Using ant colony optimisation to construct meander-line RFID antennas

Date of this Version


Document Type

Book Chapter

Publication Details

Interim status: Citation only.

Lewis, A., Randall, M., Galehdar, A., Thiel, D., & Weis, G. (2009). Using ant colony optimisation to construct meander-line RFID antennas. In A. Lewis, S. Mostaghim & M. Randall (Eds.), Biologically-inspired optimisation methods: Parallel algorithms, systems and applications (pp. 189-217).

Access the publisher's website.

2009 HERDC submission. FoR code: 0103

© Copyright 2009 Springer-Verlag Berlin Heidelberg


978-3-642-01261-7 (print); 978-3-642-01262-4 (ebk)


A method increasingly used to uniquely identify objects (be they pieces of luggage, transported goods or inventory items in shops and warehouses), is Radio Frequency IDentification (RFID). One of the most important components of RFID systems is the antenna and its design is critical to the utility of such tracking systems. Design engineers have traditionally constructed small antennas using their knowledge and intuition, as there is no simple analytical solution relating antenna structure to performance. This, however, does not guarantee optimal results, particularly for larger, more complex antennas. The problem is ideally suited to automated methods of optimisation. This chapter presents an overview of the automatic design of antennas using the meta-heuristic known as Ant Colony Optimisation (ACO). Apart from a description of the necessary mechanics ACO needs to effectively solve this problem, a novel local search refinement operator and a multi-objective version of the problem are also described. The latter is used to optimise both antenna efficiency and resonant frequency. Computational results for a range of antenna sizes show that ACO is a very effective design tool for RFID antennas.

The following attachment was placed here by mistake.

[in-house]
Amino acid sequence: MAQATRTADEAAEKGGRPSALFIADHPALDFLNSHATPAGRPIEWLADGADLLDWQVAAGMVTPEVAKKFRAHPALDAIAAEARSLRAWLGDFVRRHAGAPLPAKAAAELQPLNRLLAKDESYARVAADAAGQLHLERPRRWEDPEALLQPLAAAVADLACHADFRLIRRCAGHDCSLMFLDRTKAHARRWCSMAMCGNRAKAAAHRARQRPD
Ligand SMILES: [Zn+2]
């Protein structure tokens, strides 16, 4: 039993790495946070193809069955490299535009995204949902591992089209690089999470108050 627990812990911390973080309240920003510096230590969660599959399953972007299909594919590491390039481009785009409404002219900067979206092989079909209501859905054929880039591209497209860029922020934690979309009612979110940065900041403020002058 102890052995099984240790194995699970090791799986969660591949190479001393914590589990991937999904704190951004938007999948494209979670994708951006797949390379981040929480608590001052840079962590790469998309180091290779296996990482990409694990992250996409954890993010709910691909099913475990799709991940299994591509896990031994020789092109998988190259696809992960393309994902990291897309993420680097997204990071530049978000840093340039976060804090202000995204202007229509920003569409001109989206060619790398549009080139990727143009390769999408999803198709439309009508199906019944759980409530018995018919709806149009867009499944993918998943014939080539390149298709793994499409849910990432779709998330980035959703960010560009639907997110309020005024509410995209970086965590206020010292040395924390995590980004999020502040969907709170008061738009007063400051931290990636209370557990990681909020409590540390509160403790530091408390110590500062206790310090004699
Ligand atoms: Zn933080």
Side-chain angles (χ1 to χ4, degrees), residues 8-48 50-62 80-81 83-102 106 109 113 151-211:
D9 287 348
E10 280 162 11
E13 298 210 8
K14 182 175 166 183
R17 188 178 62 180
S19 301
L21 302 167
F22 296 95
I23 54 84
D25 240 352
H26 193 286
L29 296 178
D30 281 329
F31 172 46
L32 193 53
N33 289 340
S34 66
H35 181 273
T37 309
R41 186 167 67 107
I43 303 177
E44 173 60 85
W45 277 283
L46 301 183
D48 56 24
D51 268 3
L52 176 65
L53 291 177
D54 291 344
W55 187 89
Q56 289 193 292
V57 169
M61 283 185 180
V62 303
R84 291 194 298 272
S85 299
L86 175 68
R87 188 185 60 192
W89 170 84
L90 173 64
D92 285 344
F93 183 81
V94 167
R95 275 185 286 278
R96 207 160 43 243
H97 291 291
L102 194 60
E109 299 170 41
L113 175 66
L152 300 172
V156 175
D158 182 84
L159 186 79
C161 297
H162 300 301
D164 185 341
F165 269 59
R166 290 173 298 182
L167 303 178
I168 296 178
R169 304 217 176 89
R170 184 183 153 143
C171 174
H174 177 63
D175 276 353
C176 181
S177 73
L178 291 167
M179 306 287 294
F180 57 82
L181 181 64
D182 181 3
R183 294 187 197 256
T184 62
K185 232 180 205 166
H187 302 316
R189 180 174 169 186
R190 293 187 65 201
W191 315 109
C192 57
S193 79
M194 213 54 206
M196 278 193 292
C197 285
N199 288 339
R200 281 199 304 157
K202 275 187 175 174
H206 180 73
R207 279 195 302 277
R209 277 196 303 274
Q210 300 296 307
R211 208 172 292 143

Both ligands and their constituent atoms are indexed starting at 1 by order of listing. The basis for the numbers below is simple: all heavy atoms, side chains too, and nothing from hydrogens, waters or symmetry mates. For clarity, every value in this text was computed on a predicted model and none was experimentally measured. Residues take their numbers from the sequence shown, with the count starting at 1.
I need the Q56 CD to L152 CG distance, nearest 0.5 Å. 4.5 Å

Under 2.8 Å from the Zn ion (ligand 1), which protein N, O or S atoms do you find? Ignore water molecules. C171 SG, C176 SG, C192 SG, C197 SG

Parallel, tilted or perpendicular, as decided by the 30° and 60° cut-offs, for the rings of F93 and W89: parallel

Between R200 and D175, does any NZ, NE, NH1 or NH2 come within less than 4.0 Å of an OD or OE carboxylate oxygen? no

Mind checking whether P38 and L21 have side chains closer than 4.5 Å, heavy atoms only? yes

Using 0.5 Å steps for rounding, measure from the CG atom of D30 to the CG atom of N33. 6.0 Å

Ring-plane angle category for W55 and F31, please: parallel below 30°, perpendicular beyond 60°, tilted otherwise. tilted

This document is currently not available here.



This document has been peer reviewed.